Ignoring the user
At this point, you might be suspicious that we’d been designing in a vacuum. Not so. We’d done plenty of interviews and mockup sessions with users trying to tease out what they wanted, it just never got us anywhere.
Here’s where I issue a disclaimer, lest I get trolled: talking to users is really important, just not about conversion funnels. Here’s my handy user feedback weighting algorithm:
- Knowing something broken: 100% accuracy
- Knowing what they want: 30% accuracy
- Knowing what they’ll actually click on: 2% accuracy
With this in mind, we set out to disregard the focus groups and drive the design, instead, based entirely on browsing data from live traffic.
Users are really good at telling you what isn’t working for them; but when they tried to just implement what the users told them they wanted, they wound up with something that didn’t actually get any use.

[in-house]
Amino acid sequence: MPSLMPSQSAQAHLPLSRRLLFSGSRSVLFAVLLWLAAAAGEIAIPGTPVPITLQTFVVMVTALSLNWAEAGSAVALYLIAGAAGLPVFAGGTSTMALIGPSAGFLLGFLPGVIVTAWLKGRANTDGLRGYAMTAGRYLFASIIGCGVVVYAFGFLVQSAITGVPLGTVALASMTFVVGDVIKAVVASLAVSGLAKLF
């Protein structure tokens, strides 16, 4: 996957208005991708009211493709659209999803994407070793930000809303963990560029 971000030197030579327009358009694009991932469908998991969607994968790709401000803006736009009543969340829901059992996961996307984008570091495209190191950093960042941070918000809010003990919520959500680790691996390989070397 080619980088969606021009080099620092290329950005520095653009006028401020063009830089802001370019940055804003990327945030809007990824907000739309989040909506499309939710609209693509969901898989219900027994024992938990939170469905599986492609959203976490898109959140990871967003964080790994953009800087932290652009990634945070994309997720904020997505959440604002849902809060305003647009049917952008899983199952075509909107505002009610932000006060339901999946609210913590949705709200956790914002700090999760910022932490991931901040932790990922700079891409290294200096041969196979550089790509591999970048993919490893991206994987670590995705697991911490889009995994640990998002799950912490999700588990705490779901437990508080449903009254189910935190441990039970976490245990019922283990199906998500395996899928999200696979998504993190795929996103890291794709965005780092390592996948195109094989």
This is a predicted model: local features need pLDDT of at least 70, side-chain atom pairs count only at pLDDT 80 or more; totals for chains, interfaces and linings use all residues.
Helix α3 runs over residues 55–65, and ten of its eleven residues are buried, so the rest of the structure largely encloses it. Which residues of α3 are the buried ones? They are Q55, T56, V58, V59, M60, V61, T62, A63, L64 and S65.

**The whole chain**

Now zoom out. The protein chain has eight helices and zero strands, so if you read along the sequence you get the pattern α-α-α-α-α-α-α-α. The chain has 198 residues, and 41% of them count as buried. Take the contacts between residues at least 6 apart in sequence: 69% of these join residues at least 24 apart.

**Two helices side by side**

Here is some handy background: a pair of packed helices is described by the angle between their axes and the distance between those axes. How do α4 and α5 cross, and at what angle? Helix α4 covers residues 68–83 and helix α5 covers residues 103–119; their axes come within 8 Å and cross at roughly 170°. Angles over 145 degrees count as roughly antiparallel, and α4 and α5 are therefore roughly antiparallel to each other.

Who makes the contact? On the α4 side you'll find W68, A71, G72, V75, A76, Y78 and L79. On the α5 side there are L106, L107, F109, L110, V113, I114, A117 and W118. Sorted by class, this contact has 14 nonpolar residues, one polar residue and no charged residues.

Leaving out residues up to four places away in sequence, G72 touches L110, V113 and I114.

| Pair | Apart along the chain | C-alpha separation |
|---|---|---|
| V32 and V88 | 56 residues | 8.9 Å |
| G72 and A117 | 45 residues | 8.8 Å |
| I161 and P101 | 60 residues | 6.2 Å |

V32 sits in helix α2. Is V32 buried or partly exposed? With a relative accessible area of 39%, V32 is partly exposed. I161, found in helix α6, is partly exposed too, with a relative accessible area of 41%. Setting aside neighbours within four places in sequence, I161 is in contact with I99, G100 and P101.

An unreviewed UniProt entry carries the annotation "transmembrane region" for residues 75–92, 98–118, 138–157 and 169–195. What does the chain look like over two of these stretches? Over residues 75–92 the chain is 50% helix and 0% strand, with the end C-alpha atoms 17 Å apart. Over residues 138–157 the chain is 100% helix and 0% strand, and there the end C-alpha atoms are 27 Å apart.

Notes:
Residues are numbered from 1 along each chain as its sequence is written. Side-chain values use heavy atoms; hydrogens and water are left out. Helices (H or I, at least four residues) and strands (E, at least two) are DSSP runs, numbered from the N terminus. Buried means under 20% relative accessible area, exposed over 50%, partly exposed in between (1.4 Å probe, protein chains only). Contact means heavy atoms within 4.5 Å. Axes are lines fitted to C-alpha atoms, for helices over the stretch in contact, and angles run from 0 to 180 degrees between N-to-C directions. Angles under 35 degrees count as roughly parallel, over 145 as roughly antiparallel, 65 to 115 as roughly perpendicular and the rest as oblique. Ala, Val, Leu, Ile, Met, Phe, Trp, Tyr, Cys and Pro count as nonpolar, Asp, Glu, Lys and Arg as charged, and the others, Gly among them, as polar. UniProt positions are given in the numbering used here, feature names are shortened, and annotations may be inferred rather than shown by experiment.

I think there’s a general truism here, you can’t just give the users what they tell you they want, users aren’t so good at telling you want they want (or what they’ll actually use or find valuable, which may or may not be the same thing as what they want).
Note that after realizing you can’t just go on what the focus groups say, however, they did not resort to “Whatever our staff wants,” or “Whatever our customer service people say the users want.” In fact, they specifically “wanted to try ignoring our own design instincts,” not neccessarily trusting them. They resorted to data.
Read the original article for how they did this.